Rationing in the Second World War

Queue in Palmers Green
Queue in Palmers Green

gaz shopping ww2

Rationing was introduced in 1940 and continued until 1954 on some items. Petrol, food and clothing were all rationed. The aim was to try and make the UK more self-sufficient. People were urged to ‘Dig for Victory’ and ‘Make Do and Mend’ to reduce the dependence on imports.

Food rationing started in January 1940 for butter, bacon and sugar. From 1942 this was extended to tea, cooking fat, jam, honey, marmalade, cheese, ham, milk, meat sweets and chocolate. Many foods that weren’t rationed were very scarce. This led to long queues whenever a rumour went round that scarce items were in stock somewhere

Clothes went on ration in 1941 and became more stringent in 1942. The basic ration would have allowed a man to buy an overcoat every seven years, a pair of trousers and a jacket every two years. This became more of a problem as the war went on especially for families with growing children.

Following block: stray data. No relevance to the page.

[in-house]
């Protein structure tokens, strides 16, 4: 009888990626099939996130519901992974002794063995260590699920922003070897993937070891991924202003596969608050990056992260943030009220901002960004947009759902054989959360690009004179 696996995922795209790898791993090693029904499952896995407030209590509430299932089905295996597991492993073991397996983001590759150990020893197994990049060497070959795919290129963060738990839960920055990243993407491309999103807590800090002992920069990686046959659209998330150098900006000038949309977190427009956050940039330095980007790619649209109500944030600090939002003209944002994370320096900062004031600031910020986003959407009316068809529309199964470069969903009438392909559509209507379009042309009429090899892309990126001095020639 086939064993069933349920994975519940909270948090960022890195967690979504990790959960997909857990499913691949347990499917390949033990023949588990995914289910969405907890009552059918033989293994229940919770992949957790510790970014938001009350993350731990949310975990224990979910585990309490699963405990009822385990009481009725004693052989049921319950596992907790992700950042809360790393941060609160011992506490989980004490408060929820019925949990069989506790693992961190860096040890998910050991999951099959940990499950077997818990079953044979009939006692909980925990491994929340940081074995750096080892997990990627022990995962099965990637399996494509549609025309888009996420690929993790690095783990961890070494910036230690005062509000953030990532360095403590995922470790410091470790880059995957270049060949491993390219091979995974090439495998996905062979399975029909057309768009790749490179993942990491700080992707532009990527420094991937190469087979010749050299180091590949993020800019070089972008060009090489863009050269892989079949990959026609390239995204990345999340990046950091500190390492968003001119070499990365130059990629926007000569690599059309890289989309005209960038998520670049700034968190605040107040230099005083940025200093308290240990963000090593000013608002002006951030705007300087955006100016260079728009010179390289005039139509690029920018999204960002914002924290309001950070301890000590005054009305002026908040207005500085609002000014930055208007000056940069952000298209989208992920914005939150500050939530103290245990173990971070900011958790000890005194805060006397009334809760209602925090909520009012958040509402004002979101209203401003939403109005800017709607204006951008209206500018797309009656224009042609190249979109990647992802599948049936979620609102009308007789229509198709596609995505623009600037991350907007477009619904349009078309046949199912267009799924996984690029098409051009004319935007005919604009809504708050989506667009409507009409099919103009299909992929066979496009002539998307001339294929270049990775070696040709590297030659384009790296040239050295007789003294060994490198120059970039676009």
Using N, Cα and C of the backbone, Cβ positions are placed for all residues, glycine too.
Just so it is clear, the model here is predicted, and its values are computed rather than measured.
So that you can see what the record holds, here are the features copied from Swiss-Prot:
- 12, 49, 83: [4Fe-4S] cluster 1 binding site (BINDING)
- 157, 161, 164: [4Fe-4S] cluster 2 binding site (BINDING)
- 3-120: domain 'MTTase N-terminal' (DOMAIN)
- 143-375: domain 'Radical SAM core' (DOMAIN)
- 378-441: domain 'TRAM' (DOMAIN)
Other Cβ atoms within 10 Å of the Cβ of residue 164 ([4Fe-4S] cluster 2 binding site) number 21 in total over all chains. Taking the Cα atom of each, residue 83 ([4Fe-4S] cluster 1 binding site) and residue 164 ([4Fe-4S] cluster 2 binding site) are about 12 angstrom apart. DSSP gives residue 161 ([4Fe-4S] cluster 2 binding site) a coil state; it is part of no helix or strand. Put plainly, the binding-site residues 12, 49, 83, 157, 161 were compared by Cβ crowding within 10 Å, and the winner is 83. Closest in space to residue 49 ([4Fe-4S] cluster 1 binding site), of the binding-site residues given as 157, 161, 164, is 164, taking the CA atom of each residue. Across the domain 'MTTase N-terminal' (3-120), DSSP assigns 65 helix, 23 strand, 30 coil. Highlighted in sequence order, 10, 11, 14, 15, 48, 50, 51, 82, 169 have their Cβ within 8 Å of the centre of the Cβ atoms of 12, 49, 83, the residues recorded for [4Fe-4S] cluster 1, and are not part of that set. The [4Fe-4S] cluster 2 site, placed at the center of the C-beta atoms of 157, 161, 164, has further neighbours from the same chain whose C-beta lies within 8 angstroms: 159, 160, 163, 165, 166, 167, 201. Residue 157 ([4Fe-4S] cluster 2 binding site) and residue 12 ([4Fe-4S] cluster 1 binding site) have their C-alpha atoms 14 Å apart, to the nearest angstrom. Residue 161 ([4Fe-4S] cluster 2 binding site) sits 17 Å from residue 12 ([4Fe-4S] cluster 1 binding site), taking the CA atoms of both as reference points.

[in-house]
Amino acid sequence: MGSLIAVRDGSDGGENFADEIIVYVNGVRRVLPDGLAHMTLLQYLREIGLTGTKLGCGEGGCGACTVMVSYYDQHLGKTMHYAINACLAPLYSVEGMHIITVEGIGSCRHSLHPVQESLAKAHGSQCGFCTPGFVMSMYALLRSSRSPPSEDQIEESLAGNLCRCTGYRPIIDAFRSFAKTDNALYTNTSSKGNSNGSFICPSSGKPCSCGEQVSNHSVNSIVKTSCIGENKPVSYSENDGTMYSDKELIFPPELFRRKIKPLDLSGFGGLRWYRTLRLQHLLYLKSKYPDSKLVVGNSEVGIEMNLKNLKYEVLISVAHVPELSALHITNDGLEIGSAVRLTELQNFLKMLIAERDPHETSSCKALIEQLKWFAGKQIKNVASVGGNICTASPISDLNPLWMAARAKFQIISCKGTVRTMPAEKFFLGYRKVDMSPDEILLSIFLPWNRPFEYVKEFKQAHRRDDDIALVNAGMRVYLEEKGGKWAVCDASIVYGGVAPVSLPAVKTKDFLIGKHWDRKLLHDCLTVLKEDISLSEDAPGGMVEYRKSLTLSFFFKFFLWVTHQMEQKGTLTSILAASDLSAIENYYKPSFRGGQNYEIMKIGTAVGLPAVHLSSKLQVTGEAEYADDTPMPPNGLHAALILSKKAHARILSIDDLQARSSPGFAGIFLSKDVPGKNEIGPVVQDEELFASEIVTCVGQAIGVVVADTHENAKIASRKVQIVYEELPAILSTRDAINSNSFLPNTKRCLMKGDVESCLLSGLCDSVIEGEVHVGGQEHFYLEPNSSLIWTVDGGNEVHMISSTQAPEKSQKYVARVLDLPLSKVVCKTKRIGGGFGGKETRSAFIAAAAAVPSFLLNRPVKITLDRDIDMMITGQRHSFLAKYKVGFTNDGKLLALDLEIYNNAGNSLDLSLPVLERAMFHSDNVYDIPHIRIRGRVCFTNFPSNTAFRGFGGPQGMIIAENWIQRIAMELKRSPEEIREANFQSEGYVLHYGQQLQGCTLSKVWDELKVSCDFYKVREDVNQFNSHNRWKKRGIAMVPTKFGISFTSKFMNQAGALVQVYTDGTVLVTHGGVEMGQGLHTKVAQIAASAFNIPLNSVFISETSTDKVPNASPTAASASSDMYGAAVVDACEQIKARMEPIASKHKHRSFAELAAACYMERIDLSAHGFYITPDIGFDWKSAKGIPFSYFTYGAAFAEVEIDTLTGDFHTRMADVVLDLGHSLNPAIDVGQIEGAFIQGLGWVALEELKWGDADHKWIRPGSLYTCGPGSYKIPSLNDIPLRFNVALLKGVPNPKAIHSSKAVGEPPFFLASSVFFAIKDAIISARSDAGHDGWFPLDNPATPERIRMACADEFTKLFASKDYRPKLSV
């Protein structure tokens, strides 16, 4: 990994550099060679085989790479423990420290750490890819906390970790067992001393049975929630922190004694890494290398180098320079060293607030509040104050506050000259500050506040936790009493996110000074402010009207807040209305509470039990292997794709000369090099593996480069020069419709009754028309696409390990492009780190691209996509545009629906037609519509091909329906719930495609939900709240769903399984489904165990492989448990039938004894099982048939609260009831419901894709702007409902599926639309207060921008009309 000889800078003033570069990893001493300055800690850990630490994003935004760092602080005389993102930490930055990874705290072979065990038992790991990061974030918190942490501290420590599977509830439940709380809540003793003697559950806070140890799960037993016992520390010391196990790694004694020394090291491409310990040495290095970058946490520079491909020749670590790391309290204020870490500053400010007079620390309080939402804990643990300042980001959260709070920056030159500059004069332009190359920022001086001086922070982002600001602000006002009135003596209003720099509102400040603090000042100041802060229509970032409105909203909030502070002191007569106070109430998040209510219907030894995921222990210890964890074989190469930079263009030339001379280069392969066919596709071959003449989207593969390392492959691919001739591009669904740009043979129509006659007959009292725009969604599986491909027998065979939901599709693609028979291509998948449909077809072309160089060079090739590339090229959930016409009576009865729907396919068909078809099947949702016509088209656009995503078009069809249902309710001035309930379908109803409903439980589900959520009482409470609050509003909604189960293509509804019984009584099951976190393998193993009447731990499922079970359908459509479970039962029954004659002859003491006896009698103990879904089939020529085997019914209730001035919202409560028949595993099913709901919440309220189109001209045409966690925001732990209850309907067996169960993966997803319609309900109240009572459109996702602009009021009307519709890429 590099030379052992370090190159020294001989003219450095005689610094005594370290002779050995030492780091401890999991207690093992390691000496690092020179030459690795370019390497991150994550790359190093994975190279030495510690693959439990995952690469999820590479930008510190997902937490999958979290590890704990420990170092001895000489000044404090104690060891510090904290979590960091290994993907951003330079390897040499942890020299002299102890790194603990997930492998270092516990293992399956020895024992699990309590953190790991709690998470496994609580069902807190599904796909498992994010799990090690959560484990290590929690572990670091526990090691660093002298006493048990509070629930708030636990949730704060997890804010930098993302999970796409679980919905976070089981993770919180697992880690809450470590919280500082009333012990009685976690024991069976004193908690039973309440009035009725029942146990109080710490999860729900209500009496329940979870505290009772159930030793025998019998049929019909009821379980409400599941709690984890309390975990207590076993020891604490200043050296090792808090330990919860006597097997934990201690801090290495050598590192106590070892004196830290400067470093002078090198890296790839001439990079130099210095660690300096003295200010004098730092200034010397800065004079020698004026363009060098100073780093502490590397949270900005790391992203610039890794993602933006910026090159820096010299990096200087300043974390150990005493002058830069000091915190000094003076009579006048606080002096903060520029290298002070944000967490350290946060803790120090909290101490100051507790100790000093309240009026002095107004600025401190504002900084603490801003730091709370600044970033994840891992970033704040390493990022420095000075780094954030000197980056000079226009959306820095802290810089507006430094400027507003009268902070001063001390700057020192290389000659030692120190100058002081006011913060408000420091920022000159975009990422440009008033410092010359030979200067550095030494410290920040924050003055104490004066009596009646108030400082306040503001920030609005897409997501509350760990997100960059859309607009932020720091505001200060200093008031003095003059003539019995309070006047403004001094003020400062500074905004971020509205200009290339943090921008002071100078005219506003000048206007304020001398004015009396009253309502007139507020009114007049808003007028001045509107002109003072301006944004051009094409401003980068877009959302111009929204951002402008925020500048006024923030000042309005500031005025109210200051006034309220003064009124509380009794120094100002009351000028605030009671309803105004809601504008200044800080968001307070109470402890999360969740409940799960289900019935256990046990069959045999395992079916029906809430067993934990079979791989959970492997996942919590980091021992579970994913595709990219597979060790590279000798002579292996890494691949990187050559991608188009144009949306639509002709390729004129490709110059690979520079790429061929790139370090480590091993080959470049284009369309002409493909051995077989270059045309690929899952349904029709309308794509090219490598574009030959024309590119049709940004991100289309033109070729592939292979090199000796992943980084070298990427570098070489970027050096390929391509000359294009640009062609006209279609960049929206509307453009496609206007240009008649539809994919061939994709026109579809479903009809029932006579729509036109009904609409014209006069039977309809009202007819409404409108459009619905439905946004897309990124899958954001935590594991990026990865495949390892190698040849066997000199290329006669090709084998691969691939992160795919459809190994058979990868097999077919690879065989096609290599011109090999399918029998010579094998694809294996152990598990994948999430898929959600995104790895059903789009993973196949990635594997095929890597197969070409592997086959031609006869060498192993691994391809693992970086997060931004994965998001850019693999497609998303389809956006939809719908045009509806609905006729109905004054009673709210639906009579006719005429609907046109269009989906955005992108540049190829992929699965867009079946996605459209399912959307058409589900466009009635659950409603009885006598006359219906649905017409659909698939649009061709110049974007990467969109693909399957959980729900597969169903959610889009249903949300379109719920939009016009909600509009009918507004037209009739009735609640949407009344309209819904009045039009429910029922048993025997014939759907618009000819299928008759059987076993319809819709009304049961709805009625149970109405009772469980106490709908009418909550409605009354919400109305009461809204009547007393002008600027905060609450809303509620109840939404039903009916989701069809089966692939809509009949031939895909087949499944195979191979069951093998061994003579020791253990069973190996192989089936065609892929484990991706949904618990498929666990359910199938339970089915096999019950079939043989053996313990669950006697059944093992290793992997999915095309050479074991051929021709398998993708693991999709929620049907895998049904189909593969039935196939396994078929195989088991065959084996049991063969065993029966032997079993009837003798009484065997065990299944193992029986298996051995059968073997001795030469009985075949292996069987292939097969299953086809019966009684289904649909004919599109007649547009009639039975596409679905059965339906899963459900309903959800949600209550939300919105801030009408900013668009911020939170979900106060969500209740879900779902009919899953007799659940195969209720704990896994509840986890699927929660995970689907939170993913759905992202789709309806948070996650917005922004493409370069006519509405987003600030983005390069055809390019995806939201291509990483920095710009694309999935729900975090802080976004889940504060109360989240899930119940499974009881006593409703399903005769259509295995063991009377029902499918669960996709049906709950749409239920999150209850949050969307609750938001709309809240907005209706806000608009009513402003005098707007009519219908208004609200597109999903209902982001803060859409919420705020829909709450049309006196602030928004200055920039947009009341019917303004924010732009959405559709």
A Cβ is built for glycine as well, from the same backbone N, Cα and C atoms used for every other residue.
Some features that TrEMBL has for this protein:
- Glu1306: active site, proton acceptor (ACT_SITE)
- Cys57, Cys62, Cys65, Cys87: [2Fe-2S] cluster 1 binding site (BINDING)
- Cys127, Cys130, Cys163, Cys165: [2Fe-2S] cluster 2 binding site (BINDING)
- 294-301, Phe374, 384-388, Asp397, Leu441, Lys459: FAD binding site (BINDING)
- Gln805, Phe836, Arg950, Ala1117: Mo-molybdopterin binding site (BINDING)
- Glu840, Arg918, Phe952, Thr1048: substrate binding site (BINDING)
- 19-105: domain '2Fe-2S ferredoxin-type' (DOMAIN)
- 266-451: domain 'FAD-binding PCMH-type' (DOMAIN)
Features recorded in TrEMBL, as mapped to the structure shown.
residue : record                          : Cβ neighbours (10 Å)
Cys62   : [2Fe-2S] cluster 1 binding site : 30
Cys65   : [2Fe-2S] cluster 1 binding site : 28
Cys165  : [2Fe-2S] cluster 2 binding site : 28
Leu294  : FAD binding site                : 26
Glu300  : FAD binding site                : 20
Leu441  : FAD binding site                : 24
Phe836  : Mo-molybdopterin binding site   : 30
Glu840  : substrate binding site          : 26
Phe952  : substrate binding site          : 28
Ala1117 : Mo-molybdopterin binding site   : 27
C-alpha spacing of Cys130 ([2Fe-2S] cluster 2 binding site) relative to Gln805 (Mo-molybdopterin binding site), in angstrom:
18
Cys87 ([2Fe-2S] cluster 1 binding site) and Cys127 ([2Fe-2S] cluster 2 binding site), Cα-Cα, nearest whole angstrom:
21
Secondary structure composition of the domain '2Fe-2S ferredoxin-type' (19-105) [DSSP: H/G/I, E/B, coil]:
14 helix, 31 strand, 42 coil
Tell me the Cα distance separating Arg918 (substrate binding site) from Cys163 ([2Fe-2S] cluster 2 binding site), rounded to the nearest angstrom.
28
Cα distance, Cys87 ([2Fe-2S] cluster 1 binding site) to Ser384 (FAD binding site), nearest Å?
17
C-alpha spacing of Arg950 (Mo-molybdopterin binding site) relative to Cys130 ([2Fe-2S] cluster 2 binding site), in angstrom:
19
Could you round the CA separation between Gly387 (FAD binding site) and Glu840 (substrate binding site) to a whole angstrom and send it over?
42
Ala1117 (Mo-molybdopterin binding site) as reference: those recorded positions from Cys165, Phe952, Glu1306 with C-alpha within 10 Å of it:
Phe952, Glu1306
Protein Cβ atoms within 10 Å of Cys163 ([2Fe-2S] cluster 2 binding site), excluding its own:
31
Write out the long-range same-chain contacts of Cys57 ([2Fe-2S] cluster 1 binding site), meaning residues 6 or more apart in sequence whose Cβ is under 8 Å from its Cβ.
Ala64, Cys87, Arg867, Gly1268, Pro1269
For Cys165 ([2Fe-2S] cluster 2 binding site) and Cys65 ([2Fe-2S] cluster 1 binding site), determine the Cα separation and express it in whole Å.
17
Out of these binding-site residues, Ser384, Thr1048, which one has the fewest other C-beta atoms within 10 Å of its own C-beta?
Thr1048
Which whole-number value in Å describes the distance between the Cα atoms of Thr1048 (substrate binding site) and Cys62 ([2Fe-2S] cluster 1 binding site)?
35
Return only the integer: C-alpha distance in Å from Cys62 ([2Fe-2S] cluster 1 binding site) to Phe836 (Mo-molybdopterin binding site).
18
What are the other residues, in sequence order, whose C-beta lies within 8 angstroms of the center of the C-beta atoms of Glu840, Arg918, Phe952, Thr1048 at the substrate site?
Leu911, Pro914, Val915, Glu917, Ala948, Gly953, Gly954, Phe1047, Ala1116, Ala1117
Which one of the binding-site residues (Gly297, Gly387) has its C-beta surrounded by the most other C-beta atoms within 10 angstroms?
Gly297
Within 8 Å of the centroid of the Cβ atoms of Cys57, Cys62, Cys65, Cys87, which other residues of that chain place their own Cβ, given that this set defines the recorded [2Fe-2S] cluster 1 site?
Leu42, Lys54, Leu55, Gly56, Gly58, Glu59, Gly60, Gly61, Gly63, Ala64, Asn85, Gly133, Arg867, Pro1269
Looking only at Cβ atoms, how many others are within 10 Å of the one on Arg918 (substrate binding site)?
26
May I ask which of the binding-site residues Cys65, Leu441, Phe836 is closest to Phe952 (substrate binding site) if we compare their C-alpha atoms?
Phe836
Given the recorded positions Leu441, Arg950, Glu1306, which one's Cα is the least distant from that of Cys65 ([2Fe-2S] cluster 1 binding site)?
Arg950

Petrol rationing was introduced three weeks after the declaration of war. Each car was allowed between 4 – 6 gallons of standard petrol a month depending on whether they needed their car for work. Motoring for pleasure was frowned upon. Petrol rationing didn’t end until 1950.

Fish Queue, Church Street, Enfield
Fish Queue, Church Street, Enfield
Enfield Town
Enfield Town
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